Scholars have 1 minute to jot down the characteristics of a strong paragraph. This is the first writing that I ask scholars to do and I want them to have an opportunity to access their prior knowledge. They discuss the characteristics of a strong paragraph with partners for 30 seconds and then I choose 3 friends randomly from my cup to share.
The idea here is not that I am explicitly teaching about strong paragraph structure, I am simply and quickly giving scholars the opportunity to remember what they already know about strong paragraphs so that they can link it to their new learning.
I explain that on all teams, each teammate has a special job, or responsibility. The quarterback is responsible for throwing the ball and calling the plays. The receiver is responsible for catching the ball. Just like individuals on a team have a specific role, we have a specific role on our team. Today, we're going to apply for jobs.
I distribute the classroom application and classroom manager description. I explain that as the year progresses, their application will be expected to become more rigorous. Each quarter we apply for jobs. Quarter 1 is the application plus one paragraph describing why i should hire you. Quarter 2's requirement is the application with a 2-paragraph essay, quarter 3 is the application with a three paragraph essay and quarter 4 is the application with a five-paragraph essay.
I read through each job description - paraphrasing when necessary. Scholars have the opportunity to ask questions. I encourage students to take notes in the margin/underline and highlight as needed.
Now, we take a brain break. Since this lesson is taught during the first week of school, scholars lack stamina. Taking a brain break allows scholars the opportunity to get up, stretch their legs and provides oxygen & blood to the brain. This enhances engagement for the remainder of the lesson.
Then, I model how to complete the application (using my ladybug visualizer). I then show them the hamburger graphic organizer for how to write a paragraph. There is a space for an introduction sentence, three supporting details and a closing sentence. The introduction sentence tells the reader what you're about to say (i.e. "I want to apply to be the paycheck manager.") The three detail sentences tell why I should hire you (i.e. I earned an "A" in math last year and am good with numbers.) The closing sentences re-states the opening sentence (i.e. Therefore, I want to be the paycheck manager). I model using the graphic organizer.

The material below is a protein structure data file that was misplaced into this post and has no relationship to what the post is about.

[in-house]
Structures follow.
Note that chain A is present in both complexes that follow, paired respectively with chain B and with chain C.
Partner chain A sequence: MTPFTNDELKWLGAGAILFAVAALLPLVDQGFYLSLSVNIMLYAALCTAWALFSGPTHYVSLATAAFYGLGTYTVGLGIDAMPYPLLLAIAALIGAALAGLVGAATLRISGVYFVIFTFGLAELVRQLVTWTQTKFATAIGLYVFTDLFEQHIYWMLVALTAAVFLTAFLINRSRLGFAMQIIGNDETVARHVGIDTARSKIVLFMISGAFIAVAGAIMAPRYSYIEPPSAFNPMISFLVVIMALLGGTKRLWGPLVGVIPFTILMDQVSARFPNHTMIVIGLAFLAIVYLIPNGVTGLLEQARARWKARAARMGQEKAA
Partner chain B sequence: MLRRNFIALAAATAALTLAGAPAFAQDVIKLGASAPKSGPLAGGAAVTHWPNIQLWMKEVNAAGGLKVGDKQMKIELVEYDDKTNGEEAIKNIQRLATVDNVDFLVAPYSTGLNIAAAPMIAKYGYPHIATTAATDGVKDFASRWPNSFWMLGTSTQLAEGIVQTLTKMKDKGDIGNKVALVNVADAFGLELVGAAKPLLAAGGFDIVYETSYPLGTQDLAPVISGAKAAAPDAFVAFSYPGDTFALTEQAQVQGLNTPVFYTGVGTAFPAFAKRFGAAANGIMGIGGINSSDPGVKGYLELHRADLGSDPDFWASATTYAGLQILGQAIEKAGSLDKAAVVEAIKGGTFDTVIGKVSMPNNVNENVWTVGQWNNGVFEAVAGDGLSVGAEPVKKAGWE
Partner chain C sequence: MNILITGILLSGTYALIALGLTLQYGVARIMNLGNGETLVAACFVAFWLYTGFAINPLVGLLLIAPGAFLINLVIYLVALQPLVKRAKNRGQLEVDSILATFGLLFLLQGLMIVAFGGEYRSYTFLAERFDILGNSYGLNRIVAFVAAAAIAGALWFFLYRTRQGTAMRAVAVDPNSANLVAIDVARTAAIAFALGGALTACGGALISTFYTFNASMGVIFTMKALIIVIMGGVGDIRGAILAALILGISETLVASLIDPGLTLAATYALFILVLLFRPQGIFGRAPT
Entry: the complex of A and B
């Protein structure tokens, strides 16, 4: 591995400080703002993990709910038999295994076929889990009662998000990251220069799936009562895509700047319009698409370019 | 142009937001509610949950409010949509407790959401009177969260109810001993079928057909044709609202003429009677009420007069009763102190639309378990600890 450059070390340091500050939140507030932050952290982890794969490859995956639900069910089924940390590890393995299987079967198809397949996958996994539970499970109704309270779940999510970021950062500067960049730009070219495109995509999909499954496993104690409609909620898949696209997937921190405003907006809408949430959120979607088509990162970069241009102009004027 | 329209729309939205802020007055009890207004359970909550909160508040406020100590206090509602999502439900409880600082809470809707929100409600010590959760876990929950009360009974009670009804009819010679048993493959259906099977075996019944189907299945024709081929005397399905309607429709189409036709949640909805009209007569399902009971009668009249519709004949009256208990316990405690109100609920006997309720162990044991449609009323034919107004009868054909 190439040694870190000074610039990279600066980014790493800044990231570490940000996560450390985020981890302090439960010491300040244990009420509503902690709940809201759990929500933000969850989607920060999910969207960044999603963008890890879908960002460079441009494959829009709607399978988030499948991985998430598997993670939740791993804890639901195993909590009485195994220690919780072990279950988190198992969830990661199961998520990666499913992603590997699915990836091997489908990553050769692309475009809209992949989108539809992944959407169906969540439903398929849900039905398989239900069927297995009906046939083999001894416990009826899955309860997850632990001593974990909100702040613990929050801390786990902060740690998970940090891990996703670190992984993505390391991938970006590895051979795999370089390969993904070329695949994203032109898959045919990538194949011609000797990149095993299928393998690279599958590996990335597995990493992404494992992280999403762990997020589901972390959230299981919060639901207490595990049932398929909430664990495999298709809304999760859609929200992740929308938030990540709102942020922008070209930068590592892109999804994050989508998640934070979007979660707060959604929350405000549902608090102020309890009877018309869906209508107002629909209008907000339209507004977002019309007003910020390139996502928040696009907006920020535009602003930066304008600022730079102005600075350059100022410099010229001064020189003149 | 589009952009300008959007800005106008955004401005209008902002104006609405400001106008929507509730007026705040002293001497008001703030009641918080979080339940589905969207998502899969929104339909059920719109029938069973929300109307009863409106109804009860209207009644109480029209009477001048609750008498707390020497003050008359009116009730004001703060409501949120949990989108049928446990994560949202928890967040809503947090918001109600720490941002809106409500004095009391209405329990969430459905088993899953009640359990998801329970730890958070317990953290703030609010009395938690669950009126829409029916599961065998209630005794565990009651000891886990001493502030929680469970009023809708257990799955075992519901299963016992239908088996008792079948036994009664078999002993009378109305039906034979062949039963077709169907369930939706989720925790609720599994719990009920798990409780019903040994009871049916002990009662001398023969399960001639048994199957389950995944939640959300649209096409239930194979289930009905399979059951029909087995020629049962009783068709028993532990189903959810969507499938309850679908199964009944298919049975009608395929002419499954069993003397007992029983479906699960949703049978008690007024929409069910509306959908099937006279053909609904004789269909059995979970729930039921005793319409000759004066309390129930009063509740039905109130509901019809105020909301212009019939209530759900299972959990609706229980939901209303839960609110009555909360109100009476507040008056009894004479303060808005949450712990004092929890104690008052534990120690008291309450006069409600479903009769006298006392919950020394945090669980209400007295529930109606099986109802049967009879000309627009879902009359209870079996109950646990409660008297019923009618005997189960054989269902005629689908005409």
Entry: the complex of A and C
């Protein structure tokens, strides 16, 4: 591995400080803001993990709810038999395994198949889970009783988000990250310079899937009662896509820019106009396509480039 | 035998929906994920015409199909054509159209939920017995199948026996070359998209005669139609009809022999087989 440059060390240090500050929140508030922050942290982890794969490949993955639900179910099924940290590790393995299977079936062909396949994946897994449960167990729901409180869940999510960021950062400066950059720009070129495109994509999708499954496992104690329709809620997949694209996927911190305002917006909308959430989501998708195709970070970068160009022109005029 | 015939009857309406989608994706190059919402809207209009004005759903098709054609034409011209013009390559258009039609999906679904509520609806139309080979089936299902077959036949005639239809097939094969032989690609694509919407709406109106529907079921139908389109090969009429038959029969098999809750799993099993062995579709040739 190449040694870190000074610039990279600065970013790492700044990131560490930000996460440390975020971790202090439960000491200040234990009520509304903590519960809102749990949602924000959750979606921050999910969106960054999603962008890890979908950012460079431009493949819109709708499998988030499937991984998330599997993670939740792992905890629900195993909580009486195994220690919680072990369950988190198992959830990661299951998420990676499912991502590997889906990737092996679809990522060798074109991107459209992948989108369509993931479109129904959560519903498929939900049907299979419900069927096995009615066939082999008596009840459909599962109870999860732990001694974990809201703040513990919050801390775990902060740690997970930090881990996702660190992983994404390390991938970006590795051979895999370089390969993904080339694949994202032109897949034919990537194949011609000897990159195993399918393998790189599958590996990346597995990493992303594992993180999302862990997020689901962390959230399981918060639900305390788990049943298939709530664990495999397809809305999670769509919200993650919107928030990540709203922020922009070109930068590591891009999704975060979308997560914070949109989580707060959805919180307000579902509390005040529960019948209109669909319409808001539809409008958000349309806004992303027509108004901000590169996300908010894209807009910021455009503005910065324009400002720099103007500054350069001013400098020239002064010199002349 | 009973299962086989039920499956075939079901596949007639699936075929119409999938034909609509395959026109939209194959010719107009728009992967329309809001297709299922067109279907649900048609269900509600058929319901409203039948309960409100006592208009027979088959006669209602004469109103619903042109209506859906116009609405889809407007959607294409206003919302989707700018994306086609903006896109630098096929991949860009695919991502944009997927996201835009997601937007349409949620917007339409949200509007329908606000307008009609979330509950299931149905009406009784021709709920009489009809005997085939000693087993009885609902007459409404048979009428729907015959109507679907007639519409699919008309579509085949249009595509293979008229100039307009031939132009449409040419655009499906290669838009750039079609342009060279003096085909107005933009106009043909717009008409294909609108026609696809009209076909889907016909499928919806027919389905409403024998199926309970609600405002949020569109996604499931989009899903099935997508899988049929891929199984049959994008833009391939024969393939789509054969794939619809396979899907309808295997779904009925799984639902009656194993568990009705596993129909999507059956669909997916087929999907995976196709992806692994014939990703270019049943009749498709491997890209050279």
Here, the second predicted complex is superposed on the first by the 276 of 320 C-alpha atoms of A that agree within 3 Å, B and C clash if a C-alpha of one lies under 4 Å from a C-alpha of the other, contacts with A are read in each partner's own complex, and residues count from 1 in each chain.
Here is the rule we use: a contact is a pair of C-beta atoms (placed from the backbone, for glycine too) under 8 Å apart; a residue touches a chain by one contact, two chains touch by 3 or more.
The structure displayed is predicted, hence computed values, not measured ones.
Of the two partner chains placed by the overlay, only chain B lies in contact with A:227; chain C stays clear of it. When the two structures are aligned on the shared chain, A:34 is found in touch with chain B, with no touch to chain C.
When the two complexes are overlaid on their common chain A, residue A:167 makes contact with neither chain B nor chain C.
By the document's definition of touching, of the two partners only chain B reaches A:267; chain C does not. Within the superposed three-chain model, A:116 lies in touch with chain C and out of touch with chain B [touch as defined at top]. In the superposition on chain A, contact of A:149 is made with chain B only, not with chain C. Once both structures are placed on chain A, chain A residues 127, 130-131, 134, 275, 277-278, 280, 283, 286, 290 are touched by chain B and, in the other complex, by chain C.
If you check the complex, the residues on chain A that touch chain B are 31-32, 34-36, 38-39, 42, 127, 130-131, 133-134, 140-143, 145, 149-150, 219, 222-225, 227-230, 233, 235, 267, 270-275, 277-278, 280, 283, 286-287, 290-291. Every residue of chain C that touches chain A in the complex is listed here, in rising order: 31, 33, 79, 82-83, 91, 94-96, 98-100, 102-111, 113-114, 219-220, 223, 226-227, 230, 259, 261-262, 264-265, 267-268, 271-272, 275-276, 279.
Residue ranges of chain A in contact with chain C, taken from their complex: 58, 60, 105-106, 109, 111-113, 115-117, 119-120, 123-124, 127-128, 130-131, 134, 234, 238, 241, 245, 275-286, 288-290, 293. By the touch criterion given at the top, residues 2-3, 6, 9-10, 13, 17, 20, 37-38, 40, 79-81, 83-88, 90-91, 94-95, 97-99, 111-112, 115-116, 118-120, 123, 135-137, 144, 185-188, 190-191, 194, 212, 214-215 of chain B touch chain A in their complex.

Have students work with a partner to play the game called "Scenarios." I pretend to have an English accent and read the following "Scenarios." Students have 2 minutes for each "Scenario" to write the part of the paragraph. Scholars write on dry erase boards. I give on the spot feedback and have scholars fix/improve sentences on the spot. "Scenarios" are listed below:
1. Michael wants to apply to be the Paycheck Manager. Write a strong topic sentence with your partner on the dry erase board.
2. Crystal is applying for the Line Leader. Write 2 sentences that she might use to support WHY (reasons & evidence) she would make a good line leader.
3. Alex is applying to be the Cafeteria Manager. Write a strong concluding sentence.
Scholars the use hamburger graphic organizer to independently organize their paragraph. Then, they write their paragraph and complete their application. For most of my scholars, writing a single paragraph is review.
However, there are a few scholars in both classes who struggle a bit with writing (two of whom moved to the US 4 months ago). I pull a small group of scholars who need more support to the back of the classroom. With this group, I give them sentence stems. For example, I might write on the board, I want to apply to be... Then, I interview them to find out what they want job they want. After that, we practice using the Classroom Manager Description to find the correct spelling of the job they want. For my two scholars who are new to the country, I use some Spanish to ensure that they understand the task, topic and what each job entails.
In order to close out the lesson today and help scholars solidify what they learned, scholars turn and tell their friends the components of a strong paragraph. This is a quick closure because I want to make sure that scholars maximize their time today during the guided and independent practices.